BACKGROUND: Women have a new imaging tool set to help diagnose breast cancer. The 3TP method generates a unique color-coded map by measuring changes (color and intensity) in contrast agent concentration in normal and cancerous tissues over time. It provides information that is not readily available from traditional mammography or MRI. In addition, the 3TP system is ergonomically designed to be comfortable for the patient, regardless of breast size.
HOW MRI WORKS: Magnetic resonance imaging uses radiofrequency waves and a strong magnetic field instead of X-rays to provide clear and detailed pictures of internal organs and tissues. These radio waves are directed at protons in hydrogen atoms -- one of the most abundant atoms in the human body, because of the body's high water content. The waves "excite" the protons, and when they "relax," they emit strong radio signals. A computer can turn those signals into a high-contrast image showing differences in the water content and distribution in various bodily tissues. It is becoming increasingly popular as an alternative to traditional X-ray mammography for the early diagnosis of breast cancer because women aren't exposed to the same radiation they experience with X-rays.
ABOUT BREAST CANCER: Breast cancer is a type of cancer in which cells in the breast become abnormal and grow and divide uncontrollably, eventually forming a mass called a tumor. Some tumors are benign, meaning that they do not invade other types of tissue, although if they become big enough, they can interfere with some bodily functions, such as the flow of blood or urine. Malignant tumors have cells that can invade nearby tissues. When a cancer "metastasizes," cells from the original tumor break off and travel to other parts of the body via the blood or lymph systems. More than 75 percent of breast cancers begin in the milk ducts within the breast. The next most common site is in the glandular tissue that makes the milk.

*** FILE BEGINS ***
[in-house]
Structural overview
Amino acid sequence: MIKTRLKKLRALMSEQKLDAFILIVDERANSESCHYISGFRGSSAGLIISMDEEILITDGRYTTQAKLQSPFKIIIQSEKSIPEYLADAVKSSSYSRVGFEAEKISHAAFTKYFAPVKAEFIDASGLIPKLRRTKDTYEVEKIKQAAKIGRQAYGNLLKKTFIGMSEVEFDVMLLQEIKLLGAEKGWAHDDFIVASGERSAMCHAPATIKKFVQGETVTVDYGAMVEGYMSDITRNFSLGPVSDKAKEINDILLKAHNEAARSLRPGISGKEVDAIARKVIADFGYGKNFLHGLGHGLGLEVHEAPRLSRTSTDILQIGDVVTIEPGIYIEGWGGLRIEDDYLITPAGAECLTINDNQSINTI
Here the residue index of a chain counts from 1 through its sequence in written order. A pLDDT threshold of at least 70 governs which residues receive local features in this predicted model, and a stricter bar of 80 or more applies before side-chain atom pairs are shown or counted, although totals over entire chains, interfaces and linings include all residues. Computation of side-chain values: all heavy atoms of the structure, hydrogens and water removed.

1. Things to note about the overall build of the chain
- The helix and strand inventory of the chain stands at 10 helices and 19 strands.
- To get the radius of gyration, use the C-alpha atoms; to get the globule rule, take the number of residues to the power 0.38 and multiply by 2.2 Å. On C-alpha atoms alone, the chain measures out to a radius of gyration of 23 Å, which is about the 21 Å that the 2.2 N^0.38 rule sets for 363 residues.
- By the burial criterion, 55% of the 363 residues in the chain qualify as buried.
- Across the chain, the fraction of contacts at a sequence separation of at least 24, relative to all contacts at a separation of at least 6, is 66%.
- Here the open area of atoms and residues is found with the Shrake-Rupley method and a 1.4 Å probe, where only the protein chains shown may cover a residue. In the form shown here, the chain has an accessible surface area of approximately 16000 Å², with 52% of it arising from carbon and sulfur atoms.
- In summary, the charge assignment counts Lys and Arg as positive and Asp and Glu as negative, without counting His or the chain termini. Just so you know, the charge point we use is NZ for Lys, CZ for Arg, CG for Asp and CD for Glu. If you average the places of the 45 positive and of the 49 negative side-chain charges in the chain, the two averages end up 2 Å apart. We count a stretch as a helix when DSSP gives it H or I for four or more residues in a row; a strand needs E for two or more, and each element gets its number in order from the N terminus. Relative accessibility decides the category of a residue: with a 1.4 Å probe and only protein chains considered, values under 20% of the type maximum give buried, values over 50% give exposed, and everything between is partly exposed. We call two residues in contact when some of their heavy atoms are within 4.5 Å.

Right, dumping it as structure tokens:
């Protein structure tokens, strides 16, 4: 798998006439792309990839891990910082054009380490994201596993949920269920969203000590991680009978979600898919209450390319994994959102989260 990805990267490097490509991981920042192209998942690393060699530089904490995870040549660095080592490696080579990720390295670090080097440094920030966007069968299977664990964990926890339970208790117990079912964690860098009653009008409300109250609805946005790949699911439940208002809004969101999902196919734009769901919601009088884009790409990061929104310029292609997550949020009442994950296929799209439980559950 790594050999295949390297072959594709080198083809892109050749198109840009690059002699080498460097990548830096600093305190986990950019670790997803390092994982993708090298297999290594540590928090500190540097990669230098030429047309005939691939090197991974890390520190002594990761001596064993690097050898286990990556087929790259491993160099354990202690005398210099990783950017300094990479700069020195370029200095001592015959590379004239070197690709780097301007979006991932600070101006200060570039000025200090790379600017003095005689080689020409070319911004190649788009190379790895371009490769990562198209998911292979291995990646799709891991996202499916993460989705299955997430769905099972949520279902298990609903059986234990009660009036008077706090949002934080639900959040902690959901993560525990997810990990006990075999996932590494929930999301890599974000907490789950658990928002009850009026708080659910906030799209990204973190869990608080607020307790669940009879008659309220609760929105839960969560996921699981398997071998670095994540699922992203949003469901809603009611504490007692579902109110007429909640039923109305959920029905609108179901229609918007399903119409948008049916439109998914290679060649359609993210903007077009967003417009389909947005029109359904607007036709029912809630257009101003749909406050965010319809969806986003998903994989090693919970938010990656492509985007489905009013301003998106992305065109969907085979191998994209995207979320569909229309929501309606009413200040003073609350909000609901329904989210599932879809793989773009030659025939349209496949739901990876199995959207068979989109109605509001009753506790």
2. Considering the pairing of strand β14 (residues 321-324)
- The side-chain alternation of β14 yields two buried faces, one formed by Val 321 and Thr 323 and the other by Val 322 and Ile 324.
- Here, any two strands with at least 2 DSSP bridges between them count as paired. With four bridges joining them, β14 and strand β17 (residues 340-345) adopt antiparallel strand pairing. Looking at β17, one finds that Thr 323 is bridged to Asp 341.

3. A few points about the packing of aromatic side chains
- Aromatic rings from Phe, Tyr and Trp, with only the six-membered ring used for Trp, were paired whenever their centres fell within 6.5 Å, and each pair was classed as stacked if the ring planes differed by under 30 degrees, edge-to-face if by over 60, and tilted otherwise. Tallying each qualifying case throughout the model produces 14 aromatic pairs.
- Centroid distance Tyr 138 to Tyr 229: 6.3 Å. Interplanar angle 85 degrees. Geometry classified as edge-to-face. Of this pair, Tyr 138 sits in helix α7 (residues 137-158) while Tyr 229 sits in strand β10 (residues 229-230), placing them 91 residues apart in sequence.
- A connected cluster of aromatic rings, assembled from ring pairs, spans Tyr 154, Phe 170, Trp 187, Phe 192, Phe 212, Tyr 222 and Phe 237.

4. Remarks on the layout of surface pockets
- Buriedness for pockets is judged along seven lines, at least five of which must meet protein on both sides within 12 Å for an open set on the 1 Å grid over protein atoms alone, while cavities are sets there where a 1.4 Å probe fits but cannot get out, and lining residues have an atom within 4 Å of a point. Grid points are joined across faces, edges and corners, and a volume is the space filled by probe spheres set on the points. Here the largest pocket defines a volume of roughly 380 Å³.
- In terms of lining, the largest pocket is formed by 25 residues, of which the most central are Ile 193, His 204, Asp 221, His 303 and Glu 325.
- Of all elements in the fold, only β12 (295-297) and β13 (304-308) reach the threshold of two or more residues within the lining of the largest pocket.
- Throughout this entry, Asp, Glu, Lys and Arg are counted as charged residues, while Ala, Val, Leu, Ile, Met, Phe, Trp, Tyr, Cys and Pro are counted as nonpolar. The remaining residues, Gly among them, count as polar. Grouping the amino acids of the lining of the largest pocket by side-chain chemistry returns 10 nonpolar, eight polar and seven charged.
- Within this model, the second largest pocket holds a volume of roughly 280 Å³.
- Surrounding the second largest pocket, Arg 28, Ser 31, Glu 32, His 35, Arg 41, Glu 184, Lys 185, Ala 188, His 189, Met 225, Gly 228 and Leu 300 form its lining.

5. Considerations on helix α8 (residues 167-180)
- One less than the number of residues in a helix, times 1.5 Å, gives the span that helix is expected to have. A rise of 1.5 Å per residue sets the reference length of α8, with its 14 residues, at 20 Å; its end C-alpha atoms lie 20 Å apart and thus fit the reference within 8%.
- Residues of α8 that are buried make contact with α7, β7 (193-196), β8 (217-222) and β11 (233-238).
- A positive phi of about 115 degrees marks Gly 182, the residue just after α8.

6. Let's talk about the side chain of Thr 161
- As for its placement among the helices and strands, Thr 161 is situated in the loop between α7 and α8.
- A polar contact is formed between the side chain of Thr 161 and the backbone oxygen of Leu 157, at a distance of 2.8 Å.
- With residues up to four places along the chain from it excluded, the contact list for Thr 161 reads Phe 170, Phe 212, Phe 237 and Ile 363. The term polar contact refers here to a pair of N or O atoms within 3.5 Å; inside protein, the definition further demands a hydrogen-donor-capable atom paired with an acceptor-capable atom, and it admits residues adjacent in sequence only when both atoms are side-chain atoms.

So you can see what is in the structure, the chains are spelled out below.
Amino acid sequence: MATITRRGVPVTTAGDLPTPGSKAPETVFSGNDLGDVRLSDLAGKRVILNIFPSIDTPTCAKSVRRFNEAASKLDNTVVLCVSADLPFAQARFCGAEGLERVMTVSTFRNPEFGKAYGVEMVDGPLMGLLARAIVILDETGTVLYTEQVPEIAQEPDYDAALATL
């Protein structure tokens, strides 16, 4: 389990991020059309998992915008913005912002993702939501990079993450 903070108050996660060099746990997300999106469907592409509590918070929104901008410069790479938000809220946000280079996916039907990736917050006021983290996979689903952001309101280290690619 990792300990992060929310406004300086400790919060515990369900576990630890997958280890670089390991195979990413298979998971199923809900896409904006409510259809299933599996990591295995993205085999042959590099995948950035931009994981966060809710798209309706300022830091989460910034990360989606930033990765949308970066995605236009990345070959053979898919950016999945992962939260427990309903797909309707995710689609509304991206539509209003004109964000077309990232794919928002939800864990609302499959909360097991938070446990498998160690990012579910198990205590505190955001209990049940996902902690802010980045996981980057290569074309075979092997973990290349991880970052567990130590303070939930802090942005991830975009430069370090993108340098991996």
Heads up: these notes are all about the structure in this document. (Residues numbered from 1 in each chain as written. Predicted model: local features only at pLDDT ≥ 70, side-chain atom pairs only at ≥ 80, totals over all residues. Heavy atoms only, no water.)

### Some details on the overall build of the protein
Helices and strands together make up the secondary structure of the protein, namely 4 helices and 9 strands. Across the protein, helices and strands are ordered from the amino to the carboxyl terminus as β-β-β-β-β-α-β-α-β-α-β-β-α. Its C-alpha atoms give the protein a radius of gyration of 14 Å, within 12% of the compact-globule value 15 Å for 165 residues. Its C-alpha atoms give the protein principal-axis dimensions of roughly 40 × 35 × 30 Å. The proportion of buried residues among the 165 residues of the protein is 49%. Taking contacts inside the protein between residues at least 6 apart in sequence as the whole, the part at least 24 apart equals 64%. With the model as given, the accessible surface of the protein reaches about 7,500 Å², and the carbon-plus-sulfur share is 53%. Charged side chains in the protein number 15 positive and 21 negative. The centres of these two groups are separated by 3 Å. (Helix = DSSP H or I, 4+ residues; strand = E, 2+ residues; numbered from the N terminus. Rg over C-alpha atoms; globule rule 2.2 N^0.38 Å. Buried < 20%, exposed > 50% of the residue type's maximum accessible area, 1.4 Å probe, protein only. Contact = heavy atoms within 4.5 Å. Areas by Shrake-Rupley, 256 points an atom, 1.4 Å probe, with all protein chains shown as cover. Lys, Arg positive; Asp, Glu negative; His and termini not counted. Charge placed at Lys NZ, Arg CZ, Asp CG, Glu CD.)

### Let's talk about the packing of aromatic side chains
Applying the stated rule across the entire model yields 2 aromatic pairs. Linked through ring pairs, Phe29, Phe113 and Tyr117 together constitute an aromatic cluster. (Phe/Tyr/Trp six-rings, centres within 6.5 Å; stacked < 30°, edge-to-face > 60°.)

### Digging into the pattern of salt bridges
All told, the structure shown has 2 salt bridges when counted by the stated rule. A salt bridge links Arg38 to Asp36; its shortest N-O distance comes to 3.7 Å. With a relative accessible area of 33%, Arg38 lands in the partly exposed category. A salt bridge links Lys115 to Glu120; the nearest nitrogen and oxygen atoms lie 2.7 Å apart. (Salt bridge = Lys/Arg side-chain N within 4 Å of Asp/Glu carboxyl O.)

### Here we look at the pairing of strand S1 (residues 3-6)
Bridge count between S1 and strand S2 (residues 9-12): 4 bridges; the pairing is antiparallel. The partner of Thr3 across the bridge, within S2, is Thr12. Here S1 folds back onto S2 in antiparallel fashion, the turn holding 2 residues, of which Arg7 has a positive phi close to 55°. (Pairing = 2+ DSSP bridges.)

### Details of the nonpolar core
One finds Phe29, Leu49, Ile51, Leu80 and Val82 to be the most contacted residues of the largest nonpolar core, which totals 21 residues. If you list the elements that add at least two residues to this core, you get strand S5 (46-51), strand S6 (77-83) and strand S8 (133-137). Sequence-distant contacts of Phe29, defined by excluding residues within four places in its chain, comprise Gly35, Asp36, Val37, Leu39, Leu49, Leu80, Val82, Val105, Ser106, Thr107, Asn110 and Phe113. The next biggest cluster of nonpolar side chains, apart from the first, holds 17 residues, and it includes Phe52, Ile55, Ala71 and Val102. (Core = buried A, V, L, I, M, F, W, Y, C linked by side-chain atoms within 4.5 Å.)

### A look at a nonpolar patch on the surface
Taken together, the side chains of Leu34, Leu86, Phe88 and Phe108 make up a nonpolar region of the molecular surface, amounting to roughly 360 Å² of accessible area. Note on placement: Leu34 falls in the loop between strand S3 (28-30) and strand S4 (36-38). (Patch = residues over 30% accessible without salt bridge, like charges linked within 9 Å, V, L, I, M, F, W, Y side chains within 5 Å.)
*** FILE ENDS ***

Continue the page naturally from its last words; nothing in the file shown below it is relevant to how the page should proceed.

DO-IT-YOURSELF BREAST EXAM: Although it is not a substitute for regular tests by your doctor, women can perform a basic breast self-exam at home. In fact, more than 90 percent of all breast lumps are found by the women themselves. Breast tissue is shaped like a comma with the tail curving up toward the armpit, and normally has a lumpy feel. Because hormones can affect the breast tissue, the best time to examine your breasts is a few days after your period ends, when hormone levels are stable.